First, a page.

Manchester United manager reflects on his Old Trafford tenure and makes a statement that embodies the never-say-die spirit.
Ever since Steve Bruce struck an extraordinary 97th minute 2-1 winner for Manchester United against Sheffield Wednesday in April 1993, a goal that provided the club with a great boost as it continued it's voyage towards a first domestic league title since 1967, the British footballing phenomenon known as Fergie Time became increasingly common in the sporting lexicon.
It is a phrase that has transcended soccer having crept into Tennis when Andy Murray defeated Fernando Verdasco by three sets to two after being 2-0 down, claiming a quarterfinal victory in Fergie Time, while a Manchester branch of popular Portuguese fast-food chain Nandos stayed open five minutes after it's traditional closing when it was revealed Ferguson was retiring, in a tribute to the moxie Scot.
While not necessarily speaking exclusively of Fergie Time per se, Ferguson did explain on the official website of UEFA recently that the best moments in his United tenure often arrived in the concluding 15 minutes of a match. From, say, 80 minutes to the final whistle and, considering the 1999 Champions League final was won in injury time, it is not hard to see why Sir Alex is such an admirer of maintaining a positive mentality right to the game's death.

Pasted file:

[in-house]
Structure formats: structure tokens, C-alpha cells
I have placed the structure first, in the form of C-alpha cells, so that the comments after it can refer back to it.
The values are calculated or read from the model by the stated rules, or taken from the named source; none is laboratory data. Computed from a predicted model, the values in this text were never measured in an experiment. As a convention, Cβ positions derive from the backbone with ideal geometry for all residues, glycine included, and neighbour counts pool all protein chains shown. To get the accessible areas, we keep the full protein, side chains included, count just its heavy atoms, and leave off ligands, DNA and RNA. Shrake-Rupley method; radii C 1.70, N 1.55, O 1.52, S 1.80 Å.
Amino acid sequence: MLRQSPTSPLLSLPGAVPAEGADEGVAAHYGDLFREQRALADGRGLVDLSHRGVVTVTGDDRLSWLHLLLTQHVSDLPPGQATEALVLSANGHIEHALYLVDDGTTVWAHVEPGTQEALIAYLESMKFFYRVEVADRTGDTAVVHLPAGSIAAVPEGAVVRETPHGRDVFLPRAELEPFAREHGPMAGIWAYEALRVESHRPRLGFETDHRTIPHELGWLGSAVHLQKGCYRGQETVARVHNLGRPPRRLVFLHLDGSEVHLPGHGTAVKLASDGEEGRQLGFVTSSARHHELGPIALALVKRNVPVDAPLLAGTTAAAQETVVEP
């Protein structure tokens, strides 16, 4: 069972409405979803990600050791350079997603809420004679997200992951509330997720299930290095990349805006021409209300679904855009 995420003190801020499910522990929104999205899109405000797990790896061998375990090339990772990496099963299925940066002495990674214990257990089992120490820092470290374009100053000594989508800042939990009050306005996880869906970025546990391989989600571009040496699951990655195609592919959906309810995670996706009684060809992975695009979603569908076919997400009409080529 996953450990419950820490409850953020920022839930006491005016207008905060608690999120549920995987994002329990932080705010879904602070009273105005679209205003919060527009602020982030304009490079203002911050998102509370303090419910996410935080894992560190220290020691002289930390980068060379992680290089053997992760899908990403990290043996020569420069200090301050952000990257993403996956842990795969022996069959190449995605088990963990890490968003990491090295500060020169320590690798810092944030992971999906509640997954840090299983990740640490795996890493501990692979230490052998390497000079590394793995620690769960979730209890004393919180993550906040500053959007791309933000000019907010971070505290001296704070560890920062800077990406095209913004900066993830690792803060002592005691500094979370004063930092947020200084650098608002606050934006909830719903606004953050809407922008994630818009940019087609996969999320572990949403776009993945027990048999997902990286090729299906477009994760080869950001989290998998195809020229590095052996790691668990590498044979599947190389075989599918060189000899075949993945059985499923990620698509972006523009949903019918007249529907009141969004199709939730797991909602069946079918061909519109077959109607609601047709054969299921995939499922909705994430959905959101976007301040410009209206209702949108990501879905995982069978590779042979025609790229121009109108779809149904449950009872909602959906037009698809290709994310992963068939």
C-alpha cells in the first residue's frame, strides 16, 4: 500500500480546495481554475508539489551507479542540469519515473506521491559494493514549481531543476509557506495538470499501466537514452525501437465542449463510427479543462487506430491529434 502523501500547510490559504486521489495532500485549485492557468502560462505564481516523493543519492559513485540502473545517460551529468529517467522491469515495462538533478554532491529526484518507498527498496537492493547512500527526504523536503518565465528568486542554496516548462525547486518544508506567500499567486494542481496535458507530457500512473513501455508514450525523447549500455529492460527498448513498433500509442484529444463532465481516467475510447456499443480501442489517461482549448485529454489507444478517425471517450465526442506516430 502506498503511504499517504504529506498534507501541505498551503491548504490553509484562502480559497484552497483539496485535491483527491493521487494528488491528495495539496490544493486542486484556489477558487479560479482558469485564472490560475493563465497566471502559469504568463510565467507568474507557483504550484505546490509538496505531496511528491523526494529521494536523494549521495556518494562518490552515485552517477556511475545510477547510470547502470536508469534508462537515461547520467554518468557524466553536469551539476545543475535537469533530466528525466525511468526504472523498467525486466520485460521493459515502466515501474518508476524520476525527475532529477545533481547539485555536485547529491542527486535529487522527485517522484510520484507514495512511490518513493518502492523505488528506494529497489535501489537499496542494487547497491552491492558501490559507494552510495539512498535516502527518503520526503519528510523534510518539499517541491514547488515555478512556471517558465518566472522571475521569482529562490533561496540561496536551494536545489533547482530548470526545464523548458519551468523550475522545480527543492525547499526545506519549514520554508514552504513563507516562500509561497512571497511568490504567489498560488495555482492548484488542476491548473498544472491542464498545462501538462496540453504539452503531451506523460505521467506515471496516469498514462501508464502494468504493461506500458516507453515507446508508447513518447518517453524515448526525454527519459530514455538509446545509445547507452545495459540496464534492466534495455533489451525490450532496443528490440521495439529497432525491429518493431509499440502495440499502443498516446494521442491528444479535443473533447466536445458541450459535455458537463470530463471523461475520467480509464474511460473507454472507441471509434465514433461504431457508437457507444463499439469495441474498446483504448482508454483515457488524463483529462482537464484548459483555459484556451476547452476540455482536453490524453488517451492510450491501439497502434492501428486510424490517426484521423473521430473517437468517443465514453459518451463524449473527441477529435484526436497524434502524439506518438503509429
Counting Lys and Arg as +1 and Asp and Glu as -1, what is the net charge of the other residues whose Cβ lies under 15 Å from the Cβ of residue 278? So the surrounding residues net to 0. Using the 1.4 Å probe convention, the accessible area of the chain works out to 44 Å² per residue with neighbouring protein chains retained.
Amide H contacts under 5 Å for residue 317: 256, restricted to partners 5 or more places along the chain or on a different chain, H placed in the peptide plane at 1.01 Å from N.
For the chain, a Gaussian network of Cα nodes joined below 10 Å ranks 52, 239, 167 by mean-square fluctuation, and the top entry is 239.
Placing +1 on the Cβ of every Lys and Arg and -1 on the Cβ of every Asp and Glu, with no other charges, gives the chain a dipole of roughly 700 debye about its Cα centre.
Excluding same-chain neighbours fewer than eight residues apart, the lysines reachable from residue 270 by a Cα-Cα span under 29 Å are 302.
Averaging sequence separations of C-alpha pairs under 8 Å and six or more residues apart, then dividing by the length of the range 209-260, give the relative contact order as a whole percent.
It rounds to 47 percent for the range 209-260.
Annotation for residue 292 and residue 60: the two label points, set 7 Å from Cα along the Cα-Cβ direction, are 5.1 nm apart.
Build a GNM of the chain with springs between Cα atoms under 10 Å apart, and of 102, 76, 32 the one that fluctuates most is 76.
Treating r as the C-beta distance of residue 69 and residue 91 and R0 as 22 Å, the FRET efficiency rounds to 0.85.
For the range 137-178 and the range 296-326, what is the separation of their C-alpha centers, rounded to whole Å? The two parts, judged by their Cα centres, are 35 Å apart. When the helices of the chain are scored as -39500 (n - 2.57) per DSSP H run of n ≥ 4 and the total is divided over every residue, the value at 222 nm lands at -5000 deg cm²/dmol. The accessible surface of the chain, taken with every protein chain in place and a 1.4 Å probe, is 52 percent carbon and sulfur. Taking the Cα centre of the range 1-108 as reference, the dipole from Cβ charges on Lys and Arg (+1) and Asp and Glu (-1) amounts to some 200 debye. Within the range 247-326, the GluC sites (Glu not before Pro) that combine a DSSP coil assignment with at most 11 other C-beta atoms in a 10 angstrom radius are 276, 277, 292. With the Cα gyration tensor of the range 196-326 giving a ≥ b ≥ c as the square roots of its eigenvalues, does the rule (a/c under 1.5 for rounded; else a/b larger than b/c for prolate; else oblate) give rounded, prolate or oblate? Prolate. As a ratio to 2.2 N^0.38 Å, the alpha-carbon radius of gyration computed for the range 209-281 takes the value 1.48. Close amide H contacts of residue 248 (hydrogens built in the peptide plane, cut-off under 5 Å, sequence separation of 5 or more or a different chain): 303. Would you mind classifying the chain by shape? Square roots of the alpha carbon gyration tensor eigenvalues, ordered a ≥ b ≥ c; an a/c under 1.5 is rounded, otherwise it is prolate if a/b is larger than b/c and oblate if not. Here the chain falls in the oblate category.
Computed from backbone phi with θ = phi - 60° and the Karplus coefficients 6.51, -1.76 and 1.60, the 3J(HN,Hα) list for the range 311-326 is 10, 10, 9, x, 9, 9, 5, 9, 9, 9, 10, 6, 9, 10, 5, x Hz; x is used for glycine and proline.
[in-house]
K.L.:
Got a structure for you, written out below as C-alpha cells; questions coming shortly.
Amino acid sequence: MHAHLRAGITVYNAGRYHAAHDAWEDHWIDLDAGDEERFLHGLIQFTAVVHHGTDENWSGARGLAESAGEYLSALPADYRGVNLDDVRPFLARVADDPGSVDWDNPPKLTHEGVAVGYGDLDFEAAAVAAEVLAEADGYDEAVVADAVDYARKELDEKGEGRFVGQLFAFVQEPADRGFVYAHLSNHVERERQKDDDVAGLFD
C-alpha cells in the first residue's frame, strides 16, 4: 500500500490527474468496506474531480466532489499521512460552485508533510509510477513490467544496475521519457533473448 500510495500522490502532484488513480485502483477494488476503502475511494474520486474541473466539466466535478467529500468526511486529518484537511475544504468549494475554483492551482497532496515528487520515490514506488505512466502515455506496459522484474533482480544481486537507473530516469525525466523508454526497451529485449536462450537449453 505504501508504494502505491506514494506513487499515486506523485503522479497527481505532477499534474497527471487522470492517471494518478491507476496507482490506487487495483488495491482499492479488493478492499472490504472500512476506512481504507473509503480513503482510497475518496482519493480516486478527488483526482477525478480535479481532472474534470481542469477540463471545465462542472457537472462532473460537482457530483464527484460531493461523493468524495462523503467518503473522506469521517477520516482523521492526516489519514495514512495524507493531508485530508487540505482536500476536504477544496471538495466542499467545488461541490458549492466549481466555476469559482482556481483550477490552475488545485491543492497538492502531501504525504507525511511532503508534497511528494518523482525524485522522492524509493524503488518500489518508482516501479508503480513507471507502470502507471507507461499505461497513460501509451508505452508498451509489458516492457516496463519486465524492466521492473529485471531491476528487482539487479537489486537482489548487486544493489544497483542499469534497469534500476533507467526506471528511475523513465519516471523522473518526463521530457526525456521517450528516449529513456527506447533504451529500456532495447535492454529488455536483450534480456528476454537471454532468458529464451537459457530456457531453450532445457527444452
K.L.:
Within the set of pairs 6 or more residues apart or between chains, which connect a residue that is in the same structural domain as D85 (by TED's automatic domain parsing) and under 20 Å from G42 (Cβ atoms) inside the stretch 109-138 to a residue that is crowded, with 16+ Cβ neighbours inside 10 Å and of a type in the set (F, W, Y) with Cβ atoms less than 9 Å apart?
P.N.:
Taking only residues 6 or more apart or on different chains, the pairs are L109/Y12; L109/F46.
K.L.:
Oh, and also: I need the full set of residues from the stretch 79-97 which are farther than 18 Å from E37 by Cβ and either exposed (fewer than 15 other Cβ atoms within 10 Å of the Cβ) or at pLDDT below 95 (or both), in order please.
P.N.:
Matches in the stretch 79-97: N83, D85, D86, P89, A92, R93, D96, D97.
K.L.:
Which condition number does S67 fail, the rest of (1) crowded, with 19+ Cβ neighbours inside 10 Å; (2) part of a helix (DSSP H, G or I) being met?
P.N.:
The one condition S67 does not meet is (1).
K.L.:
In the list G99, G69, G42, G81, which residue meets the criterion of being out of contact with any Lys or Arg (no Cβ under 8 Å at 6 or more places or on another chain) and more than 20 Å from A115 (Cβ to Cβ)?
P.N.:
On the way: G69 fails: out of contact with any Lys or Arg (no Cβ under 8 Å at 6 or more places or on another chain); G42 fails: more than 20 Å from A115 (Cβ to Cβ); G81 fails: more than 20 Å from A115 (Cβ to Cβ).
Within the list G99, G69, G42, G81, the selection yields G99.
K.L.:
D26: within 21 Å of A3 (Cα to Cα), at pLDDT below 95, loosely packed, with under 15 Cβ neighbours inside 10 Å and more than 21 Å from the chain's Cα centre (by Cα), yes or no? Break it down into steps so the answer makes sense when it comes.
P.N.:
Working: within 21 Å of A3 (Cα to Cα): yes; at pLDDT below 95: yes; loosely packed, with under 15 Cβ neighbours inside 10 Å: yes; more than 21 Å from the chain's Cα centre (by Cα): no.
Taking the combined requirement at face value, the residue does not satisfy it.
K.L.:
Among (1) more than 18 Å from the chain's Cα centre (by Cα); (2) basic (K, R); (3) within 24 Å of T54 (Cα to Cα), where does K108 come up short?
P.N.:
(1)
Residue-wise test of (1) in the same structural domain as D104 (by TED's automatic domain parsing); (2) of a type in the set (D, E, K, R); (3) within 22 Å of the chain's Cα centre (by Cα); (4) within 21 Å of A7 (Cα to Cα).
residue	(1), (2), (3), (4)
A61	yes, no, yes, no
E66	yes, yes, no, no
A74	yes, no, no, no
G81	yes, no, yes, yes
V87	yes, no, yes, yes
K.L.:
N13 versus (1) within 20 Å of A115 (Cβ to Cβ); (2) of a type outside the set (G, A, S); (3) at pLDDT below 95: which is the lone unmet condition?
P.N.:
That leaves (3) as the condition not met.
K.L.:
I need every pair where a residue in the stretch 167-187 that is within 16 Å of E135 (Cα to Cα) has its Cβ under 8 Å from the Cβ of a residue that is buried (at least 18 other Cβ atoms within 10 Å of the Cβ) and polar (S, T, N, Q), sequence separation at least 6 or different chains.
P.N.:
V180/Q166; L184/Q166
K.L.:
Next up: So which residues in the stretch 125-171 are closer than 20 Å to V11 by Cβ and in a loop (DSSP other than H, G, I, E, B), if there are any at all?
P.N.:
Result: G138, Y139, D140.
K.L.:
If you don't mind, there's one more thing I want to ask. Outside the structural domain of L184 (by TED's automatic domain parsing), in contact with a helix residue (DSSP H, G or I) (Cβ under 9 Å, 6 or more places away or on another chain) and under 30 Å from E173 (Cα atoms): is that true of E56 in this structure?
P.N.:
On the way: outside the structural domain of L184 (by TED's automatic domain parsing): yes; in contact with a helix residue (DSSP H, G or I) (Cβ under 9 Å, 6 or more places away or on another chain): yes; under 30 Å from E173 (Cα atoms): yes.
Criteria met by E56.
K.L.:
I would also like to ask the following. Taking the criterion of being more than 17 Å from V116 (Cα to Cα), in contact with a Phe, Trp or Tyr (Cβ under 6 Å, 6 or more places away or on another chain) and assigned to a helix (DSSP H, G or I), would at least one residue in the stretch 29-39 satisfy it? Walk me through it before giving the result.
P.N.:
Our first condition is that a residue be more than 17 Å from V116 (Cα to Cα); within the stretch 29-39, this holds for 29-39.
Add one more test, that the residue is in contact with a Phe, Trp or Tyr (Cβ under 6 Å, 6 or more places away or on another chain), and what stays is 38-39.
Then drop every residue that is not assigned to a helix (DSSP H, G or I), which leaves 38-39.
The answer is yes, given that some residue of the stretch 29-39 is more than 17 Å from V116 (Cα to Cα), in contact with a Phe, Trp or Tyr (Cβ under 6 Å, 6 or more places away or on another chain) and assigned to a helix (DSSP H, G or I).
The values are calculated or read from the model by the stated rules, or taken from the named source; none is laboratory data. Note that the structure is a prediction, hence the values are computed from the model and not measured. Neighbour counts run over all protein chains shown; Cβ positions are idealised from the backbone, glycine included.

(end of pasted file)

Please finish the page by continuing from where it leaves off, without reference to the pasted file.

On that historic game with Bayern Munich, United's opposition in this evening's quarterfinal Champions League match at Old Trafford, Ferguson said: "You couldn't do it a better way because there was no comeback.
"If you're going to do something special, doing so as late as that is fantastic. It wasn't an accident because that team did it so many times that season. They had a fantastic desire to win. They had a great team spirit, a great character about the team, and they deserved to win simply because they kept doing it.
"Some of the greatest moments in my time at United have been in the last 15 minutes, without question. Say you're down 1-0 or 2-1, there's no point in being conservative and playing your normal game because it hasn't worked for 75 minutes. So risk and shove an extra player up front.
"We did that in the final against Bayern Munich with Solskjær, [Andrew] Cole and [Teddy] Sheringham."
In a 2009 study by Opta, it was revealed that United were not the greatest beneficiaries of apparent additional seconds/minutes in injury/additional time, but Chelsea.